"Wow, you all sure look good," said a visitor as he walked through the door of the Paradise Club, a modeling and escort service in the 14th Street red-light district. Three women dressed in translucent leisure wear were seated on a sofa, debating the merits of purple lipstick ove red.

"Have you been here before?" asked the manager as she zipped up her jeans and crisscrossed belt straps around her hips. The visitor said no, and was offered a tour of the four-bedroom establishment.

"Well, its $30 for the room for a half an hour and everything else is discussed in private. You can pick the girl of your choice."

The girls stopped their chatter and began to pose, arching their backs, pursing their lips.

"They are beautiful," said the visitor. "Thanks," said the manager. "Who wants to talk to ugly girls? I'll even throw in a complimentary movie," she added.

Paradise was a cruddy little place, with cracked mirrors and holes in the walls. An employe from the Virginia Linen Service had not yet unloaded the days wash, and the air smelled of disinfectant.

But there was more to it than met the eye.This was a really popular joint. Men in business suits crept in off the noonday street, sort of nodded with familiarity and disappeared into a room. Nerdy-looking college kids came by, with backpacks and credit cards. Construction workers from down the street, postal workers from across the street, all looking for Paradise.

Although law enforcement officials and real estate associations had declared X-rated life along the strip all but dead, there was a bustling business here.

"We do not engage in prostitution -- we are therapists," the manager said, attempting to dispel allegations by law enforcement officials that many such establishments were merely fronts for prostitution and narcotics activities. "More than 90 percent of the men who come in here are just lonely and all they do is talk."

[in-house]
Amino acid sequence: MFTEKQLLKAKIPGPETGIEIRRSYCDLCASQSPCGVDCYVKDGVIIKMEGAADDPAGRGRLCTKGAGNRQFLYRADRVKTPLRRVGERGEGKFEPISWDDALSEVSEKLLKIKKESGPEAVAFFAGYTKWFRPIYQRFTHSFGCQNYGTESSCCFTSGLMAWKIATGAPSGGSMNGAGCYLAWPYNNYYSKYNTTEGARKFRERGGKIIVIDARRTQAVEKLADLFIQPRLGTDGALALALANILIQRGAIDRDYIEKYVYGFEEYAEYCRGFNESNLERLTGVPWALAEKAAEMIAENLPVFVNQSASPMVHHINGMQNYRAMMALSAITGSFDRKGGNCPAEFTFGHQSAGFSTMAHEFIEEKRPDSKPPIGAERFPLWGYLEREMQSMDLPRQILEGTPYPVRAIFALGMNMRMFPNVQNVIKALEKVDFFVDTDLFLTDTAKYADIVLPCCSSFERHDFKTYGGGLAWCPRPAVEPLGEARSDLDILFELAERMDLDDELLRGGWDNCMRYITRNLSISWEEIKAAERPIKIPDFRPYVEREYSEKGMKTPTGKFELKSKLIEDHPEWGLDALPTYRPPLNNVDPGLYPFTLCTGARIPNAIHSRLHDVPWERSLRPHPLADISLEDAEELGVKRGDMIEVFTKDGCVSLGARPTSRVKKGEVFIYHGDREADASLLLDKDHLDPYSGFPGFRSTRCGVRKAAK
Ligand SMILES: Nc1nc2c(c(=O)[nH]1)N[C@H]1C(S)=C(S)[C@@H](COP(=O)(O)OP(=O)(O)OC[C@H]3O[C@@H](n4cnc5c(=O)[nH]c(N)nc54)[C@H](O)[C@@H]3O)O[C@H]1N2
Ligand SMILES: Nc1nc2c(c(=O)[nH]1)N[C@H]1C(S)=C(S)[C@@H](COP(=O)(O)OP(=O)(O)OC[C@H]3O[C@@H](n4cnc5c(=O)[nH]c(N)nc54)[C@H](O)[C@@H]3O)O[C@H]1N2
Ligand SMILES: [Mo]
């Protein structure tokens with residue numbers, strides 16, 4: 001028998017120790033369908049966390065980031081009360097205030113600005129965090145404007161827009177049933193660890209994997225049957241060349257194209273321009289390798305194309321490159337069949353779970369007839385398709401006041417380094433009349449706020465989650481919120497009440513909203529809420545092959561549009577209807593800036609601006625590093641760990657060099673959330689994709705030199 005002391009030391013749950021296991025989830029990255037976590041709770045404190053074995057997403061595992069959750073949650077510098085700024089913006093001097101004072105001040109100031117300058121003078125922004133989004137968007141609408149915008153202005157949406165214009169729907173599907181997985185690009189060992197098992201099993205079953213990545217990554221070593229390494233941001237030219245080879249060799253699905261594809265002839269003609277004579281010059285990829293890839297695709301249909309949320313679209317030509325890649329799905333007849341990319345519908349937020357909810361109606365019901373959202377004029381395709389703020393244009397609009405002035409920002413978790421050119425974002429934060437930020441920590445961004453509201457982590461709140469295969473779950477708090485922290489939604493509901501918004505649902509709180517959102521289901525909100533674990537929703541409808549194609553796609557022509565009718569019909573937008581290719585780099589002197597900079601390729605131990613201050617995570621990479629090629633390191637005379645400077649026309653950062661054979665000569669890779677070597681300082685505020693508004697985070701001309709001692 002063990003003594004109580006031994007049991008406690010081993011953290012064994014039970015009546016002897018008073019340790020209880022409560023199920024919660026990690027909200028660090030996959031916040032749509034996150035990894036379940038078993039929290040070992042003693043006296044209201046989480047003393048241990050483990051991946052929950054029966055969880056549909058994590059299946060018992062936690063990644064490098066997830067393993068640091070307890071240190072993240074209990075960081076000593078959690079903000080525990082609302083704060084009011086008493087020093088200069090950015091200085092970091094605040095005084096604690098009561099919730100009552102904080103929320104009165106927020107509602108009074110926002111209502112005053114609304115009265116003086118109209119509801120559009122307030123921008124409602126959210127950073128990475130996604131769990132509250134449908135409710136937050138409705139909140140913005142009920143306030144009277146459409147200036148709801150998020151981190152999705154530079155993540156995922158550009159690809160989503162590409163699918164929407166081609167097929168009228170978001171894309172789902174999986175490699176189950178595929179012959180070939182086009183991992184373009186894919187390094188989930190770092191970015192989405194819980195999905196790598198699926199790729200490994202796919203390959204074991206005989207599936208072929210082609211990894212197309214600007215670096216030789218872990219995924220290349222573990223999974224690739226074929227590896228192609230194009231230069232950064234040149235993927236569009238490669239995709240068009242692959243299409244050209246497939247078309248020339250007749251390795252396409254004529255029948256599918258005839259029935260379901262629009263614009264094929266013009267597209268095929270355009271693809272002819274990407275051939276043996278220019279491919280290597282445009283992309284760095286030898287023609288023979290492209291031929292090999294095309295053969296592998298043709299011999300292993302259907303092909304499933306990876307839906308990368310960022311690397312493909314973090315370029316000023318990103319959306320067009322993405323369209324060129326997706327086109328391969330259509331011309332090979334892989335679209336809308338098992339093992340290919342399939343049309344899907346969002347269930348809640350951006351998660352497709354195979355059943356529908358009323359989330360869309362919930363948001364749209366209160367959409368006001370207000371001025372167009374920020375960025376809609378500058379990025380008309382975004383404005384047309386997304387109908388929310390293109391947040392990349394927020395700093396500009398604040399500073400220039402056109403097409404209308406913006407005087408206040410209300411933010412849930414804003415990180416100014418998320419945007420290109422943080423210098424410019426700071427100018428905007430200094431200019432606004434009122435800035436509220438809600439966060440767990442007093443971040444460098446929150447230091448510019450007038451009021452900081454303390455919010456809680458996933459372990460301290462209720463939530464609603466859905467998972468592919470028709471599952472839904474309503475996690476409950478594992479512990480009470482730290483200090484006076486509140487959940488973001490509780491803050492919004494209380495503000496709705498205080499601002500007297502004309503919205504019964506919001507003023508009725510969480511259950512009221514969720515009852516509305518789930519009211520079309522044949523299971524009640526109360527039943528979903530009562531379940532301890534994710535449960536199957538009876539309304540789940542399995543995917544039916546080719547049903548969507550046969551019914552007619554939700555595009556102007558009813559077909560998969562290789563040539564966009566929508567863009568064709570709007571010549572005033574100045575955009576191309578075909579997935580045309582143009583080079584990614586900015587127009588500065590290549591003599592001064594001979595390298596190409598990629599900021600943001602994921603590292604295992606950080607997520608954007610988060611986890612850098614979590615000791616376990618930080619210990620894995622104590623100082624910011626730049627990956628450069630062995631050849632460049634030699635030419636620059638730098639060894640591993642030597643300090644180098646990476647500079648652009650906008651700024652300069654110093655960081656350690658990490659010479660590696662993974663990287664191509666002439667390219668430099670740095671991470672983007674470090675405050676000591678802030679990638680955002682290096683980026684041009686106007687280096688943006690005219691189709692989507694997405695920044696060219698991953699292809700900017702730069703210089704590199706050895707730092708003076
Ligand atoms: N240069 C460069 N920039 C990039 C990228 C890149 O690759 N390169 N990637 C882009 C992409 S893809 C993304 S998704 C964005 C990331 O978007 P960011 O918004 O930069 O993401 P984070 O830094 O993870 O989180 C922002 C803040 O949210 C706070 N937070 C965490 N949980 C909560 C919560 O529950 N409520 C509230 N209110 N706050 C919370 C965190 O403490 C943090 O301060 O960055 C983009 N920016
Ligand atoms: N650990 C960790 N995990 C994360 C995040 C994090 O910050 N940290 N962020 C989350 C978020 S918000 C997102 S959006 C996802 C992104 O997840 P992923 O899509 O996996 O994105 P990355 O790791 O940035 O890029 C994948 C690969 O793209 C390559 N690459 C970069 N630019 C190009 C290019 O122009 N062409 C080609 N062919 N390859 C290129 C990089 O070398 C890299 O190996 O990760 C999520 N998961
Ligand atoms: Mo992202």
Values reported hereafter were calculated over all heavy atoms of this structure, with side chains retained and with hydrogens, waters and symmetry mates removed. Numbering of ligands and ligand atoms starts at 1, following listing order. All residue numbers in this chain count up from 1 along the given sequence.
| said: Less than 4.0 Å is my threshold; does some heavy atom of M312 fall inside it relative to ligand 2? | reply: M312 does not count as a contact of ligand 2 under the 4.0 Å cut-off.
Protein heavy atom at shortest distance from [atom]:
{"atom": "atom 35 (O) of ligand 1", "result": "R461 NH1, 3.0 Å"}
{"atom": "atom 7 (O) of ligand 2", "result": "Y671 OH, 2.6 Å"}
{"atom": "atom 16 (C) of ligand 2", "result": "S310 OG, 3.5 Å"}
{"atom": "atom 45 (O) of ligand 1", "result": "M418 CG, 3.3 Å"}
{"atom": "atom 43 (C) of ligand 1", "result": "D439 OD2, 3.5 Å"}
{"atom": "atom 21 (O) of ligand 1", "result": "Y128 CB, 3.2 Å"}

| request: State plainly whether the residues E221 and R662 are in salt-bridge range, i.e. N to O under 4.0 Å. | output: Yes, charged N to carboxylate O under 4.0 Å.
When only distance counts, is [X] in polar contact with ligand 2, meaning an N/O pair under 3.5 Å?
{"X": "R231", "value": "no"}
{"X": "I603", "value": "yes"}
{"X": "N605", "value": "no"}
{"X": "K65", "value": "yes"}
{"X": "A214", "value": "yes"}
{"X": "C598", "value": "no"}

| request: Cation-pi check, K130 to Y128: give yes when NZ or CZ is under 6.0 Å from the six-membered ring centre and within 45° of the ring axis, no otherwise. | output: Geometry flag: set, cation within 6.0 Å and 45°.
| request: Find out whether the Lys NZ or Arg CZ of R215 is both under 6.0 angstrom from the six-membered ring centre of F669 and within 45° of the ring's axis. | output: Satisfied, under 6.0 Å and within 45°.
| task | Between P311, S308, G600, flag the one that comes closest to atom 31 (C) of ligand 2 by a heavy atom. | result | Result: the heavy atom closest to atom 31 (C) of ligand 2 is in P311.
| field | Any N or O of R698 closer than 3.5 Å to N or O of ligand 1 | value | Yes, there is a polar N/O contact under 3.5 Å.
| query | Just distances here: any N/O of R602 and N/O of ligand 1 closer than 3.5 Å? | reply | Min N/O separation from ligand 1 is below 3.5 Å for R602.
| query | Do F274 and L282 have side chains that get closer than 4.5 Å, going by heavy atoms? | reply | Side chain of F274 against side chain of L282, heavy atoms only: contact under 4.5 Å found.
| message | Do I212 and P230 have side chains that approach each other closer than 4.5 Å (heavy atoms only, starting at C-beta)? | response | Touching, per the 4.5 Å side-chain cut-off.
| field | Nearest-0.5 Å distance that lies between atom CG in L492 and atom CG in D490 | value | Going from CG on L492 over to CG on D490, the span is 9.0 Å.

The visitor noticed that three of the four bedrooms were occupied, but he could not hear a word. Not even the complimentary movie had dialogue. Those guys must have been the other 10 percent, the visitor suggested.

"The women do not have to talk," the manager explained. "If she has an idea about the man's problem or some special insight as to how to solve it, she may talk. If not, she may not."

Last week, the owner of the Casino Royal, a cornerstone of the combat zone, pleaded guilty to tax evasion and agreed to give up the Royal building, on the Northwest corner of 14th and H streets NW, which houses the Paradise. But Paradise owners now have a lease from the new owners, and say they expect to be in business for at least two more years. From the view of the employes, the Paradise seemed harmless enough. In fact, the manager argued, if places like the Paradise close, then "working women" will be forced into the streets.

"Here we have rules and regulations," the manager said. "A girl must know how to dress. She must have a good personality and if she's not that attractive, she must have a great personality."

The visitor stepped inside a vacant room for a better look. The manager smiled, but since the man didn't have $30, he had to leave.

"We would not be here if there wasn't a market for our services," the manager said. "Nobody pays any attention to the fact that there are a lot of men out there with problems and nobody to talk to about them."

But there were no freebies, the manager was polite to explain, because this was a business -- a group of single mothers who couldn't make it as secretaries trying to put their kids through school.

"It's like any other job," said the manager. "The girls work 9-to-5, and I can tell you from experience that your average secretary works her butt off for less."

The other women nodded in agreement, and continued scouting customers.

"We sell the privacy of a room, and there is nothing illegal or immoral about that," the manager said. "Everybody who comes in here has their own idea of what paradise is. We just give them the space to work it out."

For those considering rushing downtown, the Paradise does not guarantee that you will find paradise. A sign over the manager's desk reads, "All sales are final and there are no refunds."